Wednesday, September 14, 2011


It's alive!

“It’s amazing how much success you have in the kitchen despite your dislike of measuring and numbers,” David remarked casually one afternoon.

“Yeah, well,” I replied, “It’s like Ms. Vu told me my last day of Chemistry class…”

“Wait…Who said what?”

If you had to ask me my favorite teacher in high school, it would have been Ms. Vu, my chemistry teacher. Despite my, shall we say, complete ineptitude for conversion factors, I still enjoyed the class. At least until I dropped it.

Ms. Vu was a feisty Vietnamese lady with a thick accent, and what she lacked for in height, she made up for in attitude. No one had names in her class. You were either addressed as simply “kid” or your element name, which you were required to pick on the first day (Fe, represent).

Between actual Chemistry lessons, she regaled us with stories of swiping her friend’s moped and driving it full tilt into a chain link fence, or diving into a giant tub of sprinkles at a certain national chain of donut shops in only her underwear. “I wanted to see what it would feel like.” She explained casually. I swear I’m not making this up.

One day, after a particularly bad week of quizzes which I barely passed, she pulled me aside and gazed at me levelly. “Iron.” She said gravely. “You will not pass. You need to drop this class. Drop Chemistry. Find something you like better.”

I was only too happy to agree after struggling through the latter half of the quarter. But Ms. Vu wasn’t finished.

Cocking her head to the side, she gave me an assessing look. “Kid, it’s OK Chemistry is not for you. You are one of those people who will either succeed in life….or fail. Miserably. Just...crash and burn!” She emphasized the last part. I nodded, filed that away, and much to my parent’s dismay, dropped Chemistry the next day.

it's better to burn out...than..well, you know.

I’ve found that Ms. Vu’s prediction carries over to this day. I make very few dishes in the kitchen, especially with baking, that are mediocre. What I turn out -- whether it is beer muffins, scones, 7-layer bars or coconut macaroons -- turns out spectacularly, or is pretty much a complete disaster (remember calling the fire department when I tried to make donuts?). Thankfully, this creation falls into the first category.

yo dawg, I heard you like cookies, so I put a cookie in your cookie so you could eat cookies while you were eating cookies

I took much of the work and risk out of the recipe by using a mixes, but this could also be done with your favorite cookie and brownie recipes made from scratch. The jumbo muffin tin isn’t absolutely necessary, it’s easier to make them with one. The bake time will vary depending on how large your muffin tin is, so make sure to keep an eye on the oven and check with toothpicks often.

*title courtesy of: 5chw4r7z

Friday, September 2, 2011

Sichuan Bistro:

Wordlessly, I handed David another napkin. I was getting a little concerned. As he was happily eating his way though his black pepper beef dish, he was starting to look a little...shiny.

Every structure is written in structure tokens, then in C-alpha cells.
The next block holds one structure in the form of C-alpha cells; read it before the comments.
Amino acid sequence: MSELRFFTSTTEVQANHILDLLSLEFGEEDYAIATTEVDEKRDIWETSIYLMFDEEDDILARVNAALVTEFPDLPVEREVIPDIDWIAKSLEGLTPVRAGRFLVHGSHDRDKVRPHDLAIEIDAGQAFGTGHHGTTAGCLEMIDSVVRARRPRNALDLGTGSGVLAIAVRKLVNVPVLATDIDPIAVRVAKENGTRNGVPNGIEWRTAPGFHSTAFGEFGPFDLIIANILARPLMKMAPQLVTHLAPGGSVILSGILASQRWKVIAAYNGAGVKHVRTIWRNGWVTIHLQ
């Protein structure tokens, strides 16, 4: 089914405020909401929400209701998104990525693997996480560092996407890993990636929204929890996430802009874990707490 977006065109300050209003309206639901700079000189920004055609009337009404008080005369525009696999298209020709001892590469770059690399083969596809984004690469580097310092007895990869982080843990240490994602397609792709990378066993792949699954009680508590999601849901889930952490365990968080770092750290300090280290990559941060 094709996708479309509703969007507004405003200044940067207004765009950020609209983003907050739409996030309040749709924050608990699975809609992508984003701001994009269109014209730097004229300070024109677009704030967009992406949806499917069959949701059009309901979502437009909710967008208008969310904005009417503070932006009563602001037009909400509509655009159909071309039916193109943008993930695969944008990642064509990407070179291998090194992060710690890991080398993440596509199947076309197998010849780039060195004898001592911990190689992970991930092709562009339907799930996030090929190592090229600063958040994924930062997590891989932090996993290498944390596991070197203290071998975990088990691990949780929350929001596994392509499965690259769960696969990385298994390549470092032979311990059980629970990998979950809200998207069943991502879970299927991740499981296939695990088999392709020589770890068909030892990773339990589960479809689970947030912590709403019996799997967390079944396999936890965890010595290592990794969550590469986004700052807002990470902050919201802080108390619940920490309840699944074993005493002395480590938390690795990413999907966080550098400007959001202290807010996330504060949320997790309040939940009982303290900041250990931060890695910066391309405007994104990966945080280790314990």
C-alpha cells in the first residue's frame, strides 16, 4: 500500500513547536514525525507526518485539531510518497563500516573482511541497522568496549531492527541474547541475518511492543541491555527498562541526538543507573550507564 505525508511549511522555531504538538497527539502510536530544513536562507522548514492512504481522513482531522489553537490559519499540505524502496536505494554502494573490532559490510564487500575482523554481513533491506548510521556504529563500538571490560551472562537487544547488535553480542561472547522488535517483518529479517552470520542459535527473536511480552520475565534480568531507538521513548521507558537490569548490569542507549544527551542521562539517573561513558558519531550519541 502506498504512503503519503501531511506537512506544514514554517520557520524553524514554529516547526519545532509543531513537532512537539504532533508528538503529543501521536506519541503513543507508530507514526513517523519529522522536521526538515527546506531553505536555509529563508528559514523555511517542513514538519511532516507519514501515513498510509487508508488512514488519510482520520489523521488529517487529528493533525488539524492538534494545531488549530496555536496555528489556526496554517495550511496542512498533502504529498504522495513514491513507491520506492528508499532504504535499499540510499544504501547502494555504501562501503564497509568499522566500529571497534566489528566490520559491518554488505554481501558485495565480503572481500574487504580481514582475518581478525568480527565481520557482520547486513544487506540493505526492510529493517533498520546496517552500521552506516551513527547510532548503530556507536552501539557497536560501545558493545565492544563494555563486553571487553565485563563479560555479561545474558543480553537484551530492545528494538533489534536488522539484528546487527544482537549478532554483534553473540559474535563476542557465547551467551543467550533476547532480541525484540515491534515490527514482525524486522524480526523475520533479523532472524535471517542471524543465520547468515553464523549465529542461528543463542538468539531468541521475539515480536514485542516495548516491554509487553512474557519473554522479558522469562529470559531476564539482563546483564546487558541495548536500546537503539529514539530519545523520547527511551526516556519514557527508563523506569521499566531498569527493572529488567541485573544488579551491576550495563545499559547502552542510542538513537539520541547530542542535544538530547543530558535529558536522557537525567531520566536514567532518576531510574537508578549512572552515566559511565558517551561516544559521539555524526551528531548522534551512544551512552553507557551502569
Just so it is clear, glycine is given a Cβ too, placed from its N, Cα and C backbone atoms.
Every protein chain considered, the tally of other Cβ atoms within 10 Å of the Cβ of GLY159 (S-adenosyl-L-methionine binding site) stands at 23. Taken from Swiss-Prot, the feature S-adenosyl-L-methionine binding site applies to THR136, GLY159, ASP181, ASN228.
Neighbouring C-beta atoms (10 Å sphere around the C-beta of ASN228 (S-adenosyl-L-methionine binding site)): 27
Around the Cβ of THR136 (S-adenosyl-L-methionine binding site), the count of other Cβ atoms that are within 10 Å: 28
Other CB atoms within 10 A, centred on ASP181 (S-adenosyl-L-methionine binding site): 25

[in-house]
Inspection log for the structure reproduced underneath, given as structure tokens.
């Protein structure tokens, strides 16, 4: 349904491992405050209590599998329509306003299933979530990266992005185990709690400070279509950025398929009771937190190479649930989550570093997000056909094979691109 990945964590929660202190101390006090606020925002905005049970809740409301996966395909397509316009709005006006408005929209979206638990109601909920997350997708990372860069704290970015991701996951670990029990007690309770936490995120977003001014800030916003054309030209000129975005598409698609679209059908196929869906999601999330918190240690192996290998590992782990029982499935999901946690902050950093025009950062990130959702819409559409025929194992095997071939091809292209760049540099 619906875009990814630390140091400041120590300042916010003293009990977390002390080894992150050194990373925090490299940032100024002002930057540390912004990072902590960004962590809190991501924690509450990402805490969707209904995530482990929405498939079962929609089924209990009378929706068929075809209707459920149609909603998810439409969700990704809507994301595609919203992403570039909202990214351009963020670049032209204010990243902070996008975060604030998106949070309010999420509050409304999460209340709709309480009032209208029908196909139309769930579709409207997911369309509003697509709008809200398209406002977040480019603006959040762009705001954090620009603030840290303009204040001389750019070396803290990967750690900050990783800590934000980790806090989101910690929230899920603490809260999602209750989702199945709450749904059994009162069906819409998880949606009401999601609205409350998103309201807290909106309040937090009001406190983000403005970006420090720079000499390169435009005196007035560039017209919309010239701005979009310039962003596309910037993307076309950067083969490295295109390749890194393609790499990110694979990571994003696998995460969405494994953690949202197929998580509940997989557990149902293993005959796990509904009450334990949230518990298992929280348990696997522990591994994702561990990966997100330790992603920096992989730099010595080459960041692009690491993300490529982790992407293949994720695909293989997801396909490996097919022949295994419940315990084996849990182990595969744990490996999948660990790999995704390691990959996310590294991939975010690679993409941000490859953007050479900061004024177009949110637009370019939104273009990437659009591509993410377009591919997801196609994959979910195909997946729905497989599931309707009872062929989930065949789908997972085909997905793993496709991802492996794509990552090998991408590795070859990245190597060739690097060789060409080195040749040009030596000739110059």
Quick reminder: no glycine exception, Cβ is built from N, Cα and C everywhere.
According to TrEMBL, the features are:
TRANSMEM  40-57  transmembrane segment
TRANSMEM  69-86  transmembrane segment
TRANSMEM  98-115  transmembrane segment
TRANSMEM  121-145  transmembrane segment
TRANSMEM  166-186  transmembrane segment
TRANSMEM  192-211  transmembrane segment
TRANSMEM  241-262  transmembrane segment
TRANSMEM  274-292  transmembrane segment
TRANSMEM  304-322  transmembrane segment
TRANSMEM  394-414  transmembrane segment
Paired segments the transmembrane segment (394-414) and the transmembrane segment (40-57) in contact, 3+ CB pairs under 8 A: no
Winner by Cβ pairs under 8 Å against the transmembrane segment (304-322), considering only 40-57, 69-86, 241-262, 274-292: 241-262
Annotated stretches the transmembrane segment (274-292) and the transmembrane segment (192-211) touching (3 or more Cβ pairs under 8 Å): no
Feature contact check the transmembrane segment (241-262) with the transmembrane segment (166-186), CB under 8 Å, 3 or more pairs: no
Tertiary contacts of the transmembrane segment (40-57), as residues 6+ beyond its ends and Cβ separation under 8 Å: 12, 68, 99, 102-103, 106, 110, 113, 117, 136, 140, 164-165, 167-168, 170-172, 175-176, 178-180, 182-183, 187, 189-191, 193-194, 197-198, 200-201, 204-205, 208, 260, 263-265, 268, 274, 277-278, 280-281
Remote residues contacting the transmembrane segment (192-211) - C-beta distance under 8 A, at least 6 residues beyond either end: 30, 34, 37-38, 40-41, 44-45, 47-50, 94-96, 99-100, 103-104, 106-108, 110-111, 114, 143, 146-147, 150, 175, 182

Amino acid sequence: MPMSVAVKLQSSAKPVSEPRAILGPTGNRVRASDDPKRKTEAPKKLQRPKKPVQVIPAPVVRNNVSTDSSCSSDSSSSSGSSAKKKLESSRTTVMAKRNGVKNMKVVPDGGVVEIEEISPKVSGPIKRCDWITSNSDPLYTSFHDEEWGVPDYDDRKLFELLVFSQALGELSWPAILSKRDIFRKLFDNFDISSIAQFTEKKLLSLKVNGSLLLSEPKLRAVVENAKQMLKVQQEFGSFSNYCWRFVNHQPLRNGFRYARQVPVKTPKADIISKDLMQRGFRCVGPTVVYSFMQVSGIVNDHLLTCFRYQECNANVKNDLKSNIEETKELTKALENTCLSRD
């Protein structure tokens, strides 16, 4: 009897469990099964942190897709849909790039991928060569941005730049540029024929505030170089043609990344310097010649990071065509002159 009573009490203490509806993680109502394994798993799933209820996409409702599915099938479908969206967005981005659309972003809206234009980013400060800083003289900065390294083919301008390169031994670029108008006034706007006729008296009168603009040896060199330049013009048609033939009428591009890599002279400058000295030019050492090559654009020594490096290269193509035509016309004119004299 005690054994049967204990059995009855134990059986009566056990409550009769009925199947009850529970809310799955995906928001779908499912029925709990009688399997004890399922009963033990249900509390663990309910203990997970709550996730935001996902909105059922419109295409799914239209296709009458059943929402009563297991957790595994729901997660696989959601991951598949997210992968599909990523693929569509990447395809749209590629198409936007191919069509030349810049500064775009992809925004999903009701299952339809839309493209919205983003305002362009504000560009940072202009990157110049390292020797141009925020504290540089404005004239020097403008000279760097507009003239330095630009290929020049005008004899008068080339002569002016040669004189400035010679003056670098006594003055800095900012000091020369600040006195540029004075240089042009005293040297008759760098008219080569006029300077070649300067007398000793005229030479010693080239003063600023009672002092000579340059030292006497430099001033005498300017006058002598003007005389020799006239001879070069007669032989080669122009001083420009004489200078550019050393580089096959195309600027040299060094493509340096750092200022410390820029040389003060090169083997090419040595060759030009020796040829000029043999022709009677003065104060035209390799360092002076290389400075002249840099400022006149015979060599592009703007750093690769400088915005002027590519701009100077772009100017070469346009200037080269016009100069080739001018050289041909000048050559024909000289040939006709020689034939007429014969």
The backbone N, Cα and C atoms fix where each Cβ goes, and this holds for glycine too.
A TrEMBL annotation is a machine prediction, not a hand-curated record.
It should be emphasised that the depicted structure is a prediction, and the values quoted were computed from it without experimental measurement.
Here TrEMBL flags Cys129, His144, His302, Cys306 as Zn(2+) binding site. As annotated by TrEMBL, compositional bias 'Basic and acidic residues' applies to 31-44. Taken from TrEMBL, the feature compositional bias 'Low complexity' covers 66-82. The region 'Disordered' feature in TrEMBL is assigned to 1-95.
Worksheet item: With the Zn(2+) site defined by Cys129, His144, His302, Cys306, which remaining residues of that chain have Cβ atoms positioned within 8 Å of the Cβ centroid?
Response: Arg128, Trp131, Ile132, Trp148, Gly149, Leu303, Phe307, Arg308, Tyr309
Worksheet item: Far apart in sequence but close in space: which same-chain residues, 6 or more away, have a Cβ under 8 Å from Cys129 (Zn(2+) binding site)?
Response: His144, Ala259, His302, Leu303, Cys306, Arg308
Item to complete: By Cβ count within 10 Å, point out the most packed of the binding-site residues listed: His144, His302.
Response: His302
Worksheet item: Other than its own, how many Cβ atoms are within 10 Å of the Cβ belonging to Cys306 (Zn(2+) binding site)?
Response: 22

"Should I stop this?" I wondered. I turned my attention to my plate of kung pao chicken, which was also formidably spicy. And that was when the coughing started.

It was like a wave, beginning at the back of the restaurant and moving to the front. Patrons started clearing their throats, then quietly coughing and reaching for their sodas. Even the 3 year old at the table next to us, who had spent most of the meal staring in fascination at my blond, spiky haircut, began coughing little toddler-sized coughs. We were the next hit, and I felt my eyes start to water. The waitstaff, who were observing the situation, just looked knowingly at each other and shrugged.

Someone had ordered a spicy sizzling dish. Which means the entire restaurant got to partake in the experience.

David and I had heard about Sichuan Bistro -- located in an inconspicuous strip mall in Mason -- from several favorable reviews. We had been on a mission to find authentic Sichuan Chinese cuisine, which was not an easy task. Many Sichuan dishes use the so-called “Sichuan pepper,” an odd spice which could not be legally imported into the United States until 2005 and, despite the name, isn't even related to either peppercorns or chili peppers.

The Sichuan pepper actually contains a mild natural anesthetic, and when paired with hot chili peppers, creates a highly prized sensation known as "spicy numb." Yes, the hot peppers are still hot. And yes, you may start sweating profusely like David, but as for the pain that can usually accompany an extremely spicy dish, the Sichuan pepper takes care of that.

Kung pao!

David and I knew we were in the right place for authentic Sichuan dishes when we walked into the packed restaurant. There are two menus available, one with common Americanized dishes on it, and the other with authentic Chinese cuisine. Both menus are brought to your table when you are seated, no secret password necessary.

David and I each got a dish off of the authentic menu. David picked the black pepper beef ($12.99), and I chose their authentic kung pao chicken ($9.99). We also got some tasty crab rangoon ($3.99), which I am partial to.

Both of the dishes were excellent. We’ll definitely be back the next time we’re in Mason.

Sichuan Bistro on Urbanspoon